Without Joel Embiid, nobody expected life would be easy for the Sixers after the All-Star break.
In this film review, we’ll examine the defensive issues exacerbated by Embiid’s absence as well as the Sixers’ smart, efficient after-timeout actions, one reason why the team has managed a 2-1 mark since Embiid has been sidelined by left knee soreness.
Pick-and-roll defense has been a season-long concern for the Sixers.
Brett Brown has either needed to expose the not-exactly-agile Boban Marjanovic or use smaller lineups without Embiid, which has left the Sixers vulnerable whenever their initial pick-and-roll coverage fails. On the play below, JJ Redick falls a step behind Rodney Hood. That leaves Mike Scott, at the center spot in this lineup, to pick up the Blazers wing. Scott’s help leads to an easy dunk for Enes Kanter.
Redick gets crushed by Bam Adebayo’s screen on this next play vs. Miami, which puts Jonah Bolden in the spot Scott was on the play above — forced to cover for Redick and pick up the ball handler, Rodney MacGruder. As Adebayo rolls to the rim, Redick makes the belated decision to keep trying to defend MacGruder instead of take Adebayo. With Jonathon Simmons late on his weakside rotation, Adebayo has plenty of free space at the rim.
Both a delayed rotation and the lack of a legitimate rim protector again hurt the Sixers late in New Orleans. Jonathon Simmons and Jimmy Butler blitz Jrue Holiday on the pick-and-roll, a high-risk late-game strategy. Tobias Harris helps late off Frank Jackson in the corner, which is actually a reasonable approach here given that the Sixers are up three and don’t want New Orleans to have a shot to tie the game. But, as a result, Julius Randle scores inside.
Notice again that the Sixers had no true big man on the floor.
The Sixers’ defensive issues haven’t come exclusively on pick-and-rolls and dribble handoffs. Communication in general has been problematic, an understandable concern for a unit with very little experience playing together. Still, some of the defensive mistakes the Sixers are making — even with the valid excuse of no Embiid — are worrisome.
After a timeout, Harris and Redick appear caught off guard by a quick down screen in the corner by Derrick Jones Jr. for Josh Richardson. If you look at the Sixers’ bench, you can see assistant coach Billy Lange, who’s in charge of the team’s defense, throwing up his hands following Richardson’s dunk.
The next trip down, the Heat run the same action. Harris and Redick overreact to Richardson's dunk, with both players sprinting to cover him curling up to the wing. Jones slips to the rim unattended as Harris realizes his mistake too late.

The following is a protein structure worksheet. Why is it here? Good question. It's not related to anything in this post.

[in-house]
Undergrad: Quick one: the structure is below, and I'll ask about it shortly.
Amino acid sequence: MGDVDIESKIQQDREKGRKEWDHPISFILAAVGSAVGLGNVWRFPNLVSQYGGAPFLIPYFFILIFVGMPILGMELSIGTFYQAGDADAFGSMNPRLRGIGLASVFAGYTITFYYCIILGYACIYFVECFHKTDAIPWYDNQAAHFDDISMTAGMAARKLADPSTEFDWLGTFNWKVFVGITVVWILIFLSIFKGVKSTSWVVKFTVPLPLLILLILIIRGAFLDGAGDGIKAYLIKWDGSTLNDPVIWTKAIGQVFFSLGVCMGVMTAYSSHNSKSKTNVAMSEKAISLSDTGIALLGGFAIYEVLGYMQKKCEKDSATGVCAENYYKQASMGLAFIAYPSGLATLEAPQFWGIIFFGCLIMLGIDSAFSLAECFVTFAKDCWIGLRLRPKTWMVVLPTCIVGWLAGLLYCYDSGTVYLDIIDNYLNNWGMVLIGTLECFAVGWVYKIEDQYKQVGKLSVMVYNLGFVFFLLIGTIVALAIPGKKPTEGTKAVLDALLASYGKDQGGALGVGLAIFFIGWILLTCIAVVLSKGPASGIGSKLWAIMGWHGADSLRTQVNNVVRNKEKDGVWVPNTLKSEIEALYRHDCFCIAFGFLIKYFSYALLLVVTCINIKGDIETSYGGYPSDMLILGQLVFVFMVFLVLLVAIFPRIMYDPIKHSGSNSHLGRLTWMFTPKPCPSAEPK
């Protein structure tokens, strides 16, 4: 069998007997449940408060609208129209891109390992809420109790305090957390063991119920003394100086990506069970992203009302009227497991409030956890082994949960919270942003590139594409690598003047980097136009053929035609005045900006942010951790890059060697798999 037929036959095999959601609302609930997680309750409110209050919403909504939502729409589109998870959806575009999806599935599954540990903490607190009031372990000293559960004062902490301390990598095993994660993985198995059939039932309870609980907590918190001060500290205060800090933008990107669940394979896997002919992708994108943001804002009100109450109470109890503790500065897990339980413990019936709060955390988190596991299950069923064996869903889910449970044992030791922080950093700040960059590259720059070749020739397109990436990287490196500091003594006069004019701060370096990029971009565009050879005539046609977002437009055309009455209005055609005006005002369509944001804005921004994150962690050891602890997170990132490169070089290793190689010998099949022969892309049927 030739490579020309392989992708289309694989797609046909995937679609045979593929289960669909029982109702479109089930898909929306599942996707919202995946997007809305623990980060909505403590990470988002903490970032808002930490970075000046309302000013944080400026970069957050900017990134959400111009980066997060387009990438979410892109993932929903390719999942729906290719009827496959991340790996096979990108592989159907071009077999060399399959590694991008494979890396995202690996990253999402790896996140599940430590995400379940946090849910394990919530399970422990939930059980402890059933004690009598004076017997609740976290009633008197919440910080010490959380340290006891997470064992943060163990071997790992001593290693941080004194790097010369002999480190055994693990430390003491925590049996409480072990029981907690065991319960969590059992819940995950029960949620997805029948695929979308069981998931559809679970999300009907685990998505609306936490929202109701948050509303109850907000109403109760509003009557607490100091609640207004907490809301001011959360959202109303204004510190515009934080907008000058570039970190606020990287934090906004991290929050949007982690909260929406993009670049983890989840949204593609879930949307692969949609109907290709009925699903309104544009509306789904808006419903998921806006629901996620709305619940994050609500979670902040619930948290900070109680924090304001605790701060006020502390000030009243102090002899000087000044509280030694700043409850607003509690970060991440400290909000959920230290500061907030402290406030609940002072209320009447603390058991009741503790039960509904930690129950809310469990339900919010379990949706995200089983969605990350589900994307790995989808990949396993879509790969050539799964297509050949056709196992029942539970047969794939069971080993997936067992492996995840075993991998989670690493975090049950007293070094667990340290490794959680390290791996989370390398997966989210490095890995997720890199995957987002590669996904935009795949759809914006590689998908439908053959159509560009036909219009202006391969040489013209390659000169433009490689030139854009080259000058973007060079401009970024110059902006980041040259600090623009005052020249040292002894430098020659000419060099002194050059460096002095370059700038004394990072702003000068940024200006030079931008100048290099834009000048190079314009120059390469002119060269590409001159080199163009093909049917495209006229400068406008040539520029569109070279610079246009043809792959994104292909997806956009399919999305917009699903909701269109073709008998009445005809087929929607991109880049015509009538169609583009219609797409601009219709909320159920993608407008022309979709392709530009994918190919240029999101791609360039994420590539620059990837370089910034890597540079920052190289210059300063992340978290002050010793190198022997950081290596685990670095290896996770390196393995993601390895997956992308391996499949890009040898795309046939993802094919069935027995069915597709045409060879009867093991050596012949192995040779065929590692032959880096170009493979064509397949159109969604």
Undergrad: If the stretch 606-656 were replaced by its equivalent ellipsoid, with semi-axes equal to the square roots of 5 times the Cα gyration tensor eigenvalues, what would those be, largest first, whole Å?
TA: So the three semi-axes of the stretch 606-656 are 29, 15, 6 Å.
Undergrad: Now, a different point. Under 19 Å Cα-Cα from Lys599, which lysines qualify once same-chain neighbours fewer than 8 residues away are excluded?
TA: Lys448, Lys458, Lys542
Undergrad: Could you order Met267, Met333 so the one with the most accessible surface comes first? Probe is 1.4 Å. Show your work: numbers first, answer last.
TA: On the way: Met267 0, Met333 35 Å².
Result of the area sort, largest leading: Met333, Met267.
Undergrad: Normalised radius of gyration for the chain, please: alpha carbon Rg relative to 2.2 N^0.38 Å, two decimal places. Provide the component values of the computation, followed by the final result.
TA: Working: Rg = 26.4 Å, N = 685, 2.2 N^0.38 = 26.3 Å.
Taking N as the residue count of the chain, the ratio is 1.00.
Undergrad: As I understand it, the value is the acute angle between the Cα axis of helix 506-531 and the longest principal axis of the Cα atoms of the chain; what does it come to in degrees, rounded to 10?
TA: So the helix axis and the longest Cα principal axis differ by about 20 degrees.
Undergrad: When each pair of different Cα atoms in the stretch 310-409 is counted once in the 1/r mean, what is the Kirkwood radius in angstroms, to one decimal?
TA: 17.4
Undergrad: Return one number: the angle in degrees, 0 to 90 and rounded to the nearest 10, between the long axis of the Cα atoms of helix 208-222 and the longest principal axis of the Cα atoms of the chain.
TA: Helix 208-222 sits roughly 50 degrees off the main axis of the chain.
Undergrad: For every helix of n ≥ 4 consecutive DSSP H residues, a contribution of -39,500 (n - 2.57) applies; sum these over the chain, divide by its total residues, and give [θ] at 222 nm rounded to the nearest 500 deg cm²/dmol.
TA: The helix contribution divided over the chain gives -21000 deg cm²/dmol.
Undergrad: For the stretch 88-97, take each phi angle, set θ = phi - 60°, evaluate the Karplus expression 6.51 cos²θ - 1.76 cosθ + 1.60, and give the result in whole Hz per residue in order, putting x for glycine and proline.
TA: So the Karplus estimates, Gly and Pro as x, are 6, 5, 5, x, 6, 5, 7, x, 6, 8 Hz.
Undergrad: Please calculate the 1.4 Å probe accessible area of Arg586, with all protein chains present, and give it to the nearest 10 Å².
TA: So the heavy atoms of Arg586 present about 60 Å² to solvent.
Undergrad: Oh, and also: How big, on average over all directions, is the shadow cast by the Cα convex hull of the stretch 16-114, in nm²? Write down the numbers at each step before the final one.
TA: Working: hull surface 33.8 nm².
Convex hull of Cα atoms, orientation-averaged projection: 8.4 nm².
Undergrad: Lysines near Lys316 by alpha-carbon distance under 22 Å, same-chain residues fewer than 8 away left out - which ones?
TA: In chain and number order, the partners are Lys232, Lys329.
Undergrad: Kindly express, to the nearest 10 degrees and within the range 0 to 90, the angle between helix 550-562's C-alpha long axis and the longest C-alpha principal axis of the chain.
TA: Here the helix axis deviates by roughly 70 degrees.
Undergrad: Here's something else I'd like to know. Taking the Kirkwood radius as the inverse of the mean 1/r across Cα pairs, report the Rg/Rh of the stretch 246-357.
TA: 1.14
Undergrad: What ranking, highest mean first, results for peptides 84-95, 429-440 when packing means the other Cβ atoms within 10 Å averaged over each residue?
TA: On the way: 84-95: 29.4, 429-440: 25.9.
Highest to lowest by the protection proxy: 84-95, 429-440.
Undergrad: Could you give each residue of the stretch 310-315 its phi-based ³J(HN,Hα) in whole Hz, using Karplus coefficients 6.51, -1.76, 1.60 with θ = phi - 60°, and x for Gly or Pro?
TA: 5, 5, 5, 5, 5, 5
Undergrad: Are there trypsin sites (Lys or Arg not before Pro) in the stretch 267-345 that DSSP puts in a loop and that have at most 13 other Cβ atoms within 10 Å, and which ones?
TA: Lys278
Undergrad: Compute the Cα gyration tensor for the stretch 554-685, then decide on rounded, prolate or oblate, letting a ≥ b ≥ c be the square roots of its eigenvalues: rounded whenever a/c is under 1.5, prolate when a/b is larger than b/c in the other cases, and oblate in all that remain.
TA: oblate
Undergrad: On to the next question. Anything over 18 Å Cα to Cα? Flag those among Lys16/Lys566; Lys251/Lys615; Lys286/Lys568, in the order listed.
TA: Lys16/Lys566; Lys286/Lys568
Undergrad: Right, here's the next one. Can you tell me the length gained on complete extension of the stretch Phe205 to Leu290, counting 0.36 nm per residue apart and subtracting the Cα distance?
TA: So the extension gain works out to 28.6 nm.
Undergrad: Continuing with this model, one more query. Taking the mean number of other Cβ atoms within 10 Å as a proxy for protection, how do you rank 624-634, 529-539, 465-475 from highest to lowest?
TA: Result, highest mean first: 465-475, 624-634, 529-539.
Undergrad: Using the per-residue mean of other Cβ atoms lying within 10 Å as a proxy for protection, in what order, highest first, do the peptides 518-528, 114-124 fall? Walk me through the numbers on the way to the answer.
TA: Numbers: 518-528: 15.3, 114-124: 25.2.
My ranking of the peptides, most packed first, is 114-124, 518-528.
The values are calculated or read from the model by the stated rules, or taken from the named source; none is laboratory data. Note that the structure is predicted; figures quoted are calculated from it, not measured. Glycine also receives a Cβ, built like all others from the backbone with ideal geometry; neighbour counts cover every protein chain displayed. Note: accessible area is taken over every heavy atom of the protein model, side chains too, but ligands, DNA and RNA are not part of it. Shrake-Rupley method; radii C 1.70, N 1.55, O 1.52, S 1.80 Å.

On a more positive note, Brown, assistant coach Monty Williams and company have been very successful at creating good looks for the Sixers through ATOs.
Butler has often been the beneficiary. On this play vs. Portland, the Sixers run “Thumb point,” a regular part of the offense. Redick camps out under the baseline next to another wing, then decides which down screen to curl around. Here, as is often the case, the off-ball movement clears out the lane, and Butler drives by Damian Lillard for the dunk.
Butler backdoor cuts have grown into an after-timeout feature. The play below starts out as if it’s going to be the Sixers’ common “Ear tug” lob, with Jonah Bolden screening for Butler at the nail. After Bolden receives the ball from Simmons, Butler moves up like he’s going to take a handoff from Bolden before capitalizing on Holiday denying him the ball.
Jahlil Okafor was the man who paid for overplaying Butler on the action below. JJ Redick sprints up to get the ball at the top of the key, then gives it to Marjanovic at the left elbow. Redick acts as if he’s going to set a down screen for Butler at the right elbow, a clever misdirection that fools Okafor.
Late in games, the Sixers’ primary goal on sideline out of bounds plays is often just to get the ball inbounds. That wasn’t the case on this sharp action vs. New Orleans, which began with Redick setting a cross screen for Butler. Once Marjanovic found Butler, Redick set a back screen for Simmons at the elbow. Though Butler missed an open Simmons under the rim, the Sixers kept the ball moving. And again, Butler got himself a bucket after a timeout.
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